two people in a pr strategy meeting

Why PR strategy is more than just channel recommendations

It’s all too easy to fall into the rabbit hole of getting a PR campaign off the ground without really thinking about the strategy. Clients increasingly want quick wins (understandably), but we need to educate them on the benefits of biding our time until we’ve nailed the thinking behind the comms, the reason behind our content and the relevance of it to our audience.

While you could argue that it’s strategic to suggest channels based on audience usage, media consumption and target markets, what’s the overarching vision; why is brand x investing in comms, and what story does it want to tell?

Brand awareness? Fair enough. But what do you want people to associate with your brand? What should their take-away be after engaging with your content? How can you make your brand relevant in such a noisy, fast-paced, social media first, environment?

We have politely declined opportunities to pitch based on challenging the thinking behind briefs and trying to get to the bottom of what the client actually wants to achieve. If they can’t clearly articulate it, how are we ever going to demonstrate success? And by success I don’t mean 50 press cuttings, I mean changing the sentiment around their brand, driving traffic to a specific page on their website or engaging with a niche demographic and having key messaging prevalent in our content. There has to be a marker in the sand to help define and enable us to demonstrate impact.

If PR is just thought of as the icing on the cake, as it so often is, it won’t deliver. It needs to fundamentally be built around a strategy that correlates with business objectives and works hand-in-hand with sales and marketing. An integrated approach is always stronger and more powerful. In fact the opinion of the comms professional can add an interesting and valuable dimension at the start of the campaign planning process. Don’t build a campaign and then bring us in and ask us to amplify it – let us have a voice in the messaging and positioning and make suggestions that will make the campaign scalable and able to run cross-channel.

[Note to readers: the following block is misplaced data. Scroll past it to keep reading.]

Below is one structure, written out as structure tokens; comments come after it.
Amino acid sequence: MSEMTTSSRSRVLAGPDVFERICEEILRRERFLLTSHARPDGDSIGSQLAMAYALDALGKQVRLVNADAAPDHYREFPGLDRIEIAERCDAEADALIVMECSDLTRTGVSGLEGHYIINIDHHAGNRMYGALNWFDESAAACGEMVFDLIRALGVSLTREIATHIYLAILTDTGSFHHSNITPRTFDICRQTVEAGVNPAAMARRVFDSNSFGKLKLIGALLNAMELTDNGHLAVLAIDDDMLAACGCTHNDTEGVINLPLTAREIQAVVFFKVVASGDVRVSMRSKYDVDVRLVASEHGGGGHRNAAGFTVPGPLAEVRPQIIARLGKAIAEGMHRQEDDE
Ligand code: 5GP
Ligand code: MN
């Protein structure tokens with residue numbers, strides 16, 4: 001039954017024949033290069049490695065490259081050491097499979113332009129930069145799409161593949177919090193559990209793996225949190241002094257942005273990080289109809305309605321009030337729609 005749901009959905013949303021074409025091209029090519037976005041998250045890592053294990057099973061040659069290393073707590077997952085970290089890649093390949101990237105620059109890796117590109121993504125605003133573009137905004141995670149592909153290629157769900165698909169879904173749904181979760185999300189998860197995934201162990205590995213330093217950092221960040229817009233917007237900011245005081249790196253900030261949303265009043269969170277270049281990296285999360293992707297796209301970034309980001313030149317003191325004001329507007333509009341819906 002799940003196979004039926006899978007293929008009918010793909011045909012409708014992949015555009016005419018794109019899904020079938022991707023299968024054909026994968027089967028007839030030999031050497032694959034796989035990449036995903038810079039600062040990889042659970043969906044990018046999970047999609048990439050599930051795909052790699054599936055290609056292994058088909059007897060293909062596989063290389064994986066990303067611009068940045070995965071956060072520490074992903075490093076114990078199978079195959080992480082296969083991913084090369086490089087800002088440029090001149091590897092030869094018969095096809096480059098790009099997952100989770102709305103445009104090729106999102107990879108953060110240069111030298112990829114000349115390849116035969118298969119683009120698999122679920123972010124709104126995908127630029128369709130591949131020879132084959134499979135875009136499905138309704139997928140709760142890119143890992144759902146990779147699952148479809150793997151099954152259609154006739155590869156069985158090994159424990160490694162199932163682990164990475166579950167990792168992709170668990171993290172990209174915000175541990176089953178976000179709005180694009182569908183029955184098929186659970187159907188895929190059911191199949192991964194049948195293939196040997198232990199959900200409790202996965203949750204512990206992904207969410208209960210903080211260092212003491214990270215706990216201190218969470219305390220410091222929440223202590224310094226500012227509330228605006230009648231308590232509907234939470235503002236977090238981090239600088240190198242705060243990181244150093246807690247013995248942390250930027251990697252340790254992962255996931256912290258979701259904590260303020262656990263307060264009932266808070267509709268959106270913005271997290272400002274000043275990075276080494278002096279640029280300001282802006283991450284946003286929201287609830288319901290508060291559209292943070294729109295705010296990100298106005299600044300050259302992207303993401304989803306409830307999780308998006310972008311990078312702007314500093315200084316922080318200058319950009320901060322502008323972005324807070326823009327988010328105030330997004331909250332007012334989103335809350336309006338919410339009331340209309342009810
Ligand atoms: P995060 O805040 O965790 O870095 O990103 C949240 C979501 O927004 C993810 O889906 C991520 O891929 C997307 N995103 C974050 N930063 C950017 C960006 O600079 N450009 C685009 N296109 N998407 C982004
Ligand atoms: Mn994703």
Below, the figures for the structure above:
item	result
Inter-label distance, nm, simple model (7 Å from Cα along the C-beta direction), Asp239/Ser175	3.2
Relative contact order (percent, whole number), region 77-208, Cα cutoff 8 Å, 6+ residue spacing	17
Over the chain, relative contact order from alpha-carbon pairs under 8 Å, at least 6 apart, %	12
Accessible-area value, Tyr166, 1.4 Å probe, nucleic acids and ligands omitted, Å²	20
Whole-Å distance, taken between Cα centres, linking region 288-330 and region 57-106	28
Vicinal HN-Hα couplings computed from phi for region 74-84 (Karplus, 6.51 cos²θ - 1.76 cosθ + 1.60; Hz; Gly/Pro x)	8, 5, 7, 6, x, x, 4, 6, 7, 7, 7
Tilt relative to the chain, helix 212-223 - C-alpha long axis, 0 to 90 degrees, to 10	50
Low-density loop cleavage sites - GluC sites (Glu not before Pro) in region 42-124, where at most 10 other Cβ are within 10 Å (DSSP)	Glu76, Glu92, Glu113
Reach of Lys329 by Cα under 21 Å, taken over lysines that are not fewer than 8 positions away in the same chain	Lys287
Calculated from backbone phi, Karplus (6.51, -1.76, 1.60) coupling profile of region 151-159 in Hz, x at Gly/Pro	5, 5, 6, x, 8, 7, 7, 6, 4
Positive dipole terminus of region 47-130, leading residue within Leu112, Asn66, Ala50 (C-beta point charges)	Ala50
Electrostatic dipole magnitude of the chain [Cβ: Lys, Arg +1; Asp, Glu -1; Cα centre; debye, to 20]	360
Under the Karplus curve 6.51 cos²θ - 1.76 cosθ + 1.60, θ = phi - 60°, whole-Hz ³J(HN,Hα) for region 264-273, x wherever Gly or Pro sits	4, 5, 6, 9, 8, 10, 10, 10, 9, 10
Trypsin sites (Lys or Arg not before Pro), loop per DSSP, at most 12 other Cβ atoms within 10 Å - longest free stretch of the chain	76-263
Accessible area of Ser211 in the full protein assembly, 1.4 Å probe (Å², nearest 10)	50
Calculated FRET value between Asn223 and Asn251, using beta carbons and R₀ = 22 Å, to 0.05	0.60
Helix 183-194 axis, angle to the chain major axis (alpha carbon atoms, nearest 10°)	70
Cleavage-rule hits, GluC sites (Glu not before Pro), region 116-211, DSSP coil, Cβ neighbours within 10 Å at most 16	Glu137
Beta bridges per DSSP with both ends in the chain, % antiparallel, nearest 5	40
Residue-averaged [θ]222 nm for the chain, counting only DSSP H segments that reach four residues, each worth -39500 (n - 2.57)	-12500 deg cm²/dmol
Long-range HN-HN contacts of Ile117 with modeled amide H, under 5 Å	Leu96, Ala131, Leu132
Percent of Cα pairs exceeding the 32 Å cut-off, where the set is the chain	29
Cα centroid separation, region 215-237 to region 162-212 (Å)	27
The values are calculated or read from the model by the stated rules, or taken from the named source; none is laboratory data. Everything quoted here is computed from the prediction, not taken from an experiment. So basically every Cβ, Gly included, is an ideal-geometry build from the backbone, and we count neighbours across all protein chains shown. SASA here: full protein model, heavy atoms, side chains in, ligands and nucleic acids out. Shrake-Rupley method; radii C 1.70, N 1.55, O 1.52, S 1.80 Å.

The more insight you can share with your agency, the better. If we have audience insight, sales data, market trends etc., we can devise a strategy that responds to this and builds on it. That isn’t to say that strategies won’t need adapting – or changing – of course they will. They should be looked at every year as a bare minimum – and immediately if something major happens in your market – or more broadly (i.e. economically).

Think of the number of businesses that had to pivot and change their strategies when Covid struck. Their entire business strategy will have changed, therefore their comms strategy similarly needed to, to communicate to their audience(s).

  • Exercise classes going online
  • Dine in restaurants offering takeaway
  • Commercial airlines switching to cargo-only flights
  • Music streaming apps like Spotify starting to offer podcasts

While this will have involved using different channels, ultimately the positioning, messaging and content will have changed too, meaning an entirely new strategy was required. There could even have been opportunity to tap into a new, previously untouched, market.

Unfortunately there’s still an irony around the world of PR; a discipline that’s based around managing reputation doesn’t have the best reputation itself. The only way we’re going to change this as an industry is to demonstrate the power of comms through well defined, clearly articulated strategies that can evidence impact.

About the author: Amy Airey is CreativeRace’s Communications Director. Amy has extensive experience in communications and PR, working on big name brands such as British Military Fitness, Morphy Richards, Landsec, Barratt Developments, Yorkshire Water and Thomas Cook.